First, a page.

September 8, 2021

COLUMBUS, Ohio – A study led by researchers at The Ohio State University Wexner Medical Center and College of Medicine found that measuring Black adults’ waist circumferences can be a simple and inexpensive way to predict if they’ll develop diabetes in the future. 

Study findings published online today in the Journal of the American Heart Association.

Researchers compared a variety of tests to try to predict which patients would develop diabetes, including measuring waist circumference, along with visceral adipose (fat) tissue that surrounds internal organs and liver fat. They also used measured fasting glucose (blood sugar) levels and hemoglobin A1C blood tests.

Joshua J Joseph MD“We found that waist circumference, as well as the visceral fat tissue and liver fat, were much better predictors of development of diabetes than the hemoglobin A1C test in people with normal blood sugar levels. But for those with pre-diabetes, we found that the hemoglobin A1C test is the best predictor for developing diabetes,” said the study’s lead author Dr. Joshua J. Joseph, assistant professor of medicine in the Division of Endocrinology, Diabetes and Metabolism at Ohio State Wexner Medical Center.

More than 34 million Americans have diabetes, but Black populations have a higher risk of developing the disease, according to the American Diabetes Association. 

Although the study did not evaluate specific targets for waist circumference – measured around the waist at the belly button – previous work in metabolic syndrome has shown that a waist circumference of 35 inches or more for women or 40 inches or more for men increases – was a risk of diabetes. Body mass index (BMI), was not as strong of a predictor as waist circumference in this study.

Researchers studied almost 4,000 participants of the long-term Jackson Heart Study at the University of Mississippi Medical Center in Jackson, Miss. They fell into two groups: either normal fasting glucose (blood sugar) or had been diagnosed with pre-diabetes because of elevated blood sugar levels.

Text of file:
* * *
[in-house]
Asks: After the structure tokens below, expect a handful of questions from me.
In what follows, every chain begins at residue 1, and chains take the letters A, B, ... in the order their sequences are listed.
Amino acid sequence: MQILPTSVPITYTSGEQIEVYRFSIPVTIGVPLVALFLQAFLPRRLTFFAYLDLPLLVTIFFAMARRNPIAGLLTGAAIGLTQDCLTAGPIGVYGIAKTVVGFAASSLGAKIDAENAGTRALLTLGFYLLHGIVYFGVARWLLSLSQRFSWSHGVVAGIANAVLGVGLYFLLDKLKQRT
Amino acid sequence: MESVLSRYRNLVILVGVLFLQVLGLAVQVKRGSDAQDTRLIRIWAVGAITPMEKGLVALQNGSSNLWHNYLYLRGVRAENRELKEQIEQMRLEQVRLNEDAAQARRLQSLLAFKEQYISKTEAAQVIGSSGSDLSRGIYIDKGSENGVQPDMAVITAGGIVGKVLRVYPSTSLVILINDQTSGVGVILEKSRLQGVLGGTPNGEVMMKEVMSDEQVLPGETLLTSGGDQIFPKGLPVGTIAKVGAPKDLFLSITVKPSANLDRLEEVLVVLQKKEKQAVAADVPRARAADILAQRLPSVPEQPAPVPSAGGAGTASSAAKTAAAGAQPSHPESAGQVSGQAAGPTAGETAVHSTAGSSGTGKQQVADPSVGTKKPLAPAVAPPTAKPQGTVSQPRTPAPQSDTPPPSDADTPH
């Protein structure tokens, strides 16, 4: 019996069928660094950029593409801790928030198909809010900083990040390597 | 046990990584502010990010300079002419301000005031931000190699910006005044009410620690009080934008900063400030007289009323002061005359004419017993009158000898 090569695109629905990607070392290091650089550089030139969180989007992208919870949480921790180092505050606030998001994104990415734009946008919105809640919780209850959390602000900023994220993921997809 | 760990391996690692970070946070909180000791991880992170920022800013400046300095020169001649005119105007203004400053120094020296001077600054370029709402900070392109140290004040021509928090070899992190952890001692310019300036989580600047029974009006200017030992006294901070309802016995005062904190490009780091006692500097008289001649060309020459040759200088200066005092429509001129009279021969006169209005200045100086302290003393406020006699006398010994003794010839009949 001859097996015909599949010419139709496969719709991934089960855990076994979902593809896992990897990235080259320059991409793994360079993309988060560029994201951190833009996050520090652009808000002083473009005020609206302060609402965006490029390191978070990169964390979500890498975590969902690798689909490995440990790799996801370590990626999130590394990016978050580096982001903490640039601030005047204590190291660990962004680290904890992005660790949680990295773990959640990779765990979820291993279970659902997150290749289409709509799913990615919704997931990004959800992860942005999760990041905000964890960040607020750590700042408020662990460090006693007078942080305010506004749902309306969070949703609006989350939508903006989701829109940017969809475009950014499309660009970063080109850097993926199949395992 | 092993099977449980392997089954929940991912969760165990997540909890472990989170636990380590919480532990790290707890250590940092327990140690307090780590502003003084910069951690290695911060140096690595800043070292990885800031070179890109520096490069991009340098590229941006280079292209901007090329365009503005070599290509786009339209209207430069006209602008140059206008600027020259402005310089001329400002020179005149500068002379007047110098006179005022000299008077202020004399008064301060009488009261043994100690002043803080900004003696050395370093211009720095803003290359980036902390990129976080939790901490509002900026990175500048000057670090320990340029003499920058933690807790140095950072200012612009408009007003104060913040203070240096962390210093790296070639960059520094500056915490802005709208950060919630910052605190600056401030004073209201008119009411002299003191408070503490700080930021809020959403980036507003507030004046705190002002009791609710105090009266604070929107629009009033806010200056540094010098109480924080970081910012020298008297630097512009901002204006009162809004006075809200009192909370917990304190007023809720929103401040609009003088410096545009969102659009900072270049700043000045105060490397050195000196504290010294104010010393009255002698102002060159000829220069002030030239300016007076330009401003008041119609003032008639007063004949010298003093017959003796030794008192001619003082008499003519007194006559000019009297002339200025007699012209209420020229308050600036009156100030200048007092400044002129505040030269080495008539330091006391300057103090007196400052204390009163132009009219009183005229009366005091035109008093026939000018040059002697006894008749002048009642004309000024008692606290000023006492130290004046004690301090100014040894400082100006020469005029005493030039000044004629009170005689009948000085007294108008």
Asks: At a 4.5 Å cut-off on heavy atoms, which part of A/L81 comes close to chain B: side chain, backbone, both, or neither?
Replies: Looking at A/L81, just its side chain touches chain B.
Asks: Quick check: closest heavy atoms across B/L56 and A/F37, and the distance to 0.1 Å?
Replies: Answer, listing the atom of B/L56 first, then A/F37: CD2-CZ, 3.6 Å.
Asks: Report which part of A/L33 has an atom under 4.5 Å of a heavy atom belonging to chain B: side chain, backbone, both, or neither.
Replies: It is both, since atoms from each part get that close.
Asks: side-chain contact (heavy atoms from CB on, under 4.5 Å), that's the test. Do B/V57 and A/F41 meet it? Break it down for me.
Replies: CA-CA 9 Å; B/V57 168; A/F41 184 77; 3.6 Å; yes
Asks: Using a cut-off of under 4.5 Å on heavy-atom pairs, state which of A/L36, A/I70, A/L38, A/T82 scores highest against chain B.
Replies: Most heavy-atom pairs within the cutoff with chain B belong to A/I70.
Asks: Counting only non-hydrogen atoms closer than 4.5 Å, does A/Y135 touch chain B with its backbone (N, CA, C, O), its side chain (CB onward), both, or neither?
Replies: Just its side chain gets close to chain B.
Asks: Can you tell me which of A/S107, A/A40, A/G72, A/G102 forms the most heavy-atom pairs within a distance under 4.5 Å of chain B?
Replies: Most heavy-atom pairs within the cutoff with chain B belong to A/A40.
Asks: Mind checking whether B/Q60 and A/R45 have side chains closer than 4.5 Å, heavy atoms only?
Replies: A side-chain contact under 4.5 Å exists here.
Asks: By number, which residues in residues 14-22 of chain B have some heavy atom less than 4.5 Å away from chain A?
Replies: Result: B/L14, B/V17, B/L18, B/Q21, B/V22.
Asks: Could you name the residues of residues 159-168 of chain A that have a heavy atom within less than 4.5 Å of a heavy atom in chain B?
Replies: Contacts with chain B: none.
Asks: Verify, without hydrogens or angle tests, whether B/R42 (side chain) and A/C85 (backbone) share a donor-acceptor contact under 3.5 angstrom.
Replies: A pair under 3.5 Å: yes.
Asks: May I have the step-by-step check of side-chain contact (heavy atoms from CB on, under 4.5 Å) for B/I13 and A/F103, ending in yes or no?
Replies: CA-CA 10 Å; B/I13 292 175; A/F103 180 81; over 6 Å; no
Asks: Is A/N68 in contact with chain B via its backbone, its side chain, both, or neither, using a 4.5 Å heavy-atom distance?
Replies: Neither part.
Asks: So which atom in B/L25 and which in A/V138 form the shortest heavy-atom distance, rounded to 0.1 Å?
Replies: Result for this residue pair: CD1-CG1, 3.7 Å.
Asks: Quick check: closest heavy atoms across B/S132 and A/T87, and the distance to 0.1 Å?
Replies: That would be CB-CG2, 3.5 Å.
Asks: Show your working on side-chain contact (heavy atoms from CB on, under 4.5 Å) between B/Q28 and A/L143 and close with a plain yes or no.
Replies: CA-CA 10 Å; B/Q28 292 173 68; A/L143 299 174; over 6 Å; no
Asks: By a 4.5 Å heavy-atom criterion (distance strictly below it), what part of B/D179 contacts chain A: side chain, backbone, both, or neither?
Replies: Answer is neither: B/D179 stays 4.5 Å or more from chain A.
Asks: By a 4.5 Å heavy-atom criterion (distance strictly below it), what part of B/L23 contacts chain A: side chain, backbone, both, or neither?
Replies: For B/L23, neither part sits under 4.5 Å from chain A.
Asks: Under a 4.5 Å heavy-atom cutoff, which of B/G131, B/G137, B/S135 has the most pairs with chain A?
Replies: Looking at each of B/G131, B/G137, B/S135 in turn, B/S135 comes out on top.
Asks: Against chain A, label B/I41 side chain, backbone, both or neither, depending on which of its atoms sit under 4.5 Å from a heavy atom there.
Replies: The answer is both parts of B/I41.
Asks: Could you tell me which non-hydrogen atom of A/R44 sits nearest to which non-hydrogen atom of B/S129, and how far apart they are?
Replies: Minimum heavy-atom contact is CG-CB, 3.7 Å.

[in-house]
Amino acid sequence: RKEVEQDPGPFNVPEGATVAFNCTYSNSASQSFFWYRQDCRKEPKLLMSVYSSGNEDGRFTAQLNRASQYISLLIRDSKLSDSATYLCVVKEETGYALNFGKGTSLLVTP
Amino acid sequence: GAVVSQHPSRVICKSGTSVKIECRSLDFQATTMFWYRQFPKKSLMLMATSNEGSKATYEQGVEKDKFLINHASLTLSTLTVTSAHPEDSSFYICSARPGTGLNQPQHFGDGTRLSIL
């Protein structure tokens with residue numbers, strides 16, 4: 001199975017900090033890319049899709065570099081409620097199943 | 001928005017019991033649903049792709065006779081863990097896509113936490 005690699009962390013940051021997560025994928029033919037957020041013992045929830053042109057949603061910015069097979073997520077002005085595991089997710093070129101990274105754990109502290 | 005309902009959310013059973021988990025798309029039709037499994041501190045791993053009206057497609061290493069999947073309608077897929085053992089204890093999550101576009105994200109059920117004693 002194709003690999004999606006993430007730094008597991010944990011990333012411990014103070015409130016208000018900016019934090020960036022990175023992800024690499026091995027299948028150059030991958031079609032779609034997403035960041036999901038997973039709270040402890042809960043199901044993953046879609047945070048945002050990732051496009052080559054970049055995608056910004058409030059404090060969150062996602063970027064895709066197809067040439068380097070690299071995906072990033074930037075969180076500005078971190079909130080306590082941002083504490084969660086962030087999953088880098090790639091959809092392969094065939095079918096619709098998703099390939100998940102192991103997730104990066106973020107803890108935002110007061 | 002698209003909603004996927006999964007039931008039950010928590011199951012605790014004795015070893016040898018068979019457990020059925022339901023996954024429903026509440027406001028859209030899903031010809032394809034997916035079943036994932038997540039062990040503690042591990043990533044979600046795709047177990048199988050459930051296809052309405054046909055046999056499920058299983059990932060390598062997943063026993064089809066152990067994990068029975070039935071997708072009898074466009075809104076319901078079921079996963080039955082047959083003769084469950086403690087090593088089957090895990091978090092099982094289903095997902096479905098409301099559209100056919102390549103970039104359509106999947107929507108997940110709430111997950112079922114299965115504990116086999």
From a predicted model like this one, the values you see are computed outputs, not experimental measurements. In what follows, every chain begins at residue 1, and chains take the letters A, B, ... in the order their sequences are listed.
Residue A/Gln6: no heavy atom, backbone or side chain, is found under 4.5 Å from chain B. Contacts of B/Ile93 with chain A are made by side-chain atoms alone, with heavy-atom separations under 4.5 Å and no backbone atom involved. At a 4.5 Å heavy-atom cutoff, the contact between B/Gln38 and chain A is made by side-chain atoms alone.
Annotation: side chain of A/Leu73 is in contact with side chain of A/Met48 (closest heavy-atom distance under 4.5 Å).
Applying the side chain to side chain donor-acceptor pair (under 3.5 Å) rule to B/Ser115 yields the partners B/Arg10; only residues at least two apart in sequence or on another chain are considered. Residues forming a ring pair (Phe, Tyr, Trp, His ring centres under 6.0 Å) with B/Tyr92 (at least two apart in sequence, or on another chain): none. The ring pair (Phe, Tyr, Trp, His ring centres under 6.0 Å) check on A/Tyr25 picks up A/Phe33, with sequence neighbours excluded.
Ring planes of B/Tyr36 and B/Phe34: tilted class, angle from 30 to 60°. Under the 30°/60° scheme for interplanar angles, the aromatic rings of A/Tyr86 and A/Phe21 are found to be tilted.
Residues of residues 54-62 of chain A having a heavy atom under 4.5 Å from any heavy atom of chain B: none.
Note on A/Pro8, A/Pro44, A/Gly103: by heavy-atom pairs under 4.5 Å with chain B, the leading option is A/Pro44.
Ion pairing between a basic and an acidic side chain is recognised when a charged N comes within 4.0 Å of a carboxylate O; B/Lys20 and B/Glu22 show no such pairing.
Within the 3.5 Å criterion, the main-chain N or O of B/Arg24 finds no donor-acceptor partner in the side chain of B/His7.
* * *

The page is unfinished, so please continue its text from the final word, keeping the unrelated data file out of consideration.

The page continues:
The hemoglobin A1C test measures the percentage of your red blood cells that have sugar-coated hemoglobin, which is a protein in your blood. A normal A1C level is below 5.7%, a level of 5.7% to 6.4% indicates prediabetes, and a level of 6.5% or more indicates diabetes, according to the Centers for Disease Control and Prevention. 

A fasting blood sugar test measures blood sugar after an overnight fast of not eating. A fasting blood sugar level of 99 mg/dL or lower is normal, 100 to 125 mg/dL indicates prediabetes, and 126 mg/dL or higher indicates diabetes, according to the CDC.

“Visceral fat and liver fat are measured with CT scans, which are costly and expose individuals to radiation. But measuring waist circumference is simple and free,” said Joseph, who collaborated with researchers at the University of Mississippi and Johns Hopkins University. “We encourage primary care physicians to measure waist circumference during annual physicals, and if needed, suggest healthy lifestyle modifications to help patients improve their waist sizes.”

These lifestyle modifications could include eating more fruits and vegetables, limiting sugar-sweetened beverages, increasing fiber, engaging in 150 minutes of moderate intensity physical activity each week, getting enough sleep and lowering sodium intake to less than 1,500 mg daily, Joseph said. 

Doctors also could prescribe exercise classes such as Exercise is Medicine or nutritious cooking classes to their patients, Joseph said. 

“With this study, we’re trying to see if we could think about diabetes prevention even earlier. Instead of waiting until someone has already been diagnosed with pre-diabetes and is knocking on the door of diabetes, could we try to intervene sooner, and encourage them to adopt healthier lifestyle modifications to limit their risk of developing diabetes over time,” Joseph said. 

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Media contact: Eileen Scahill, Wexner Medical Center Media Relations, 

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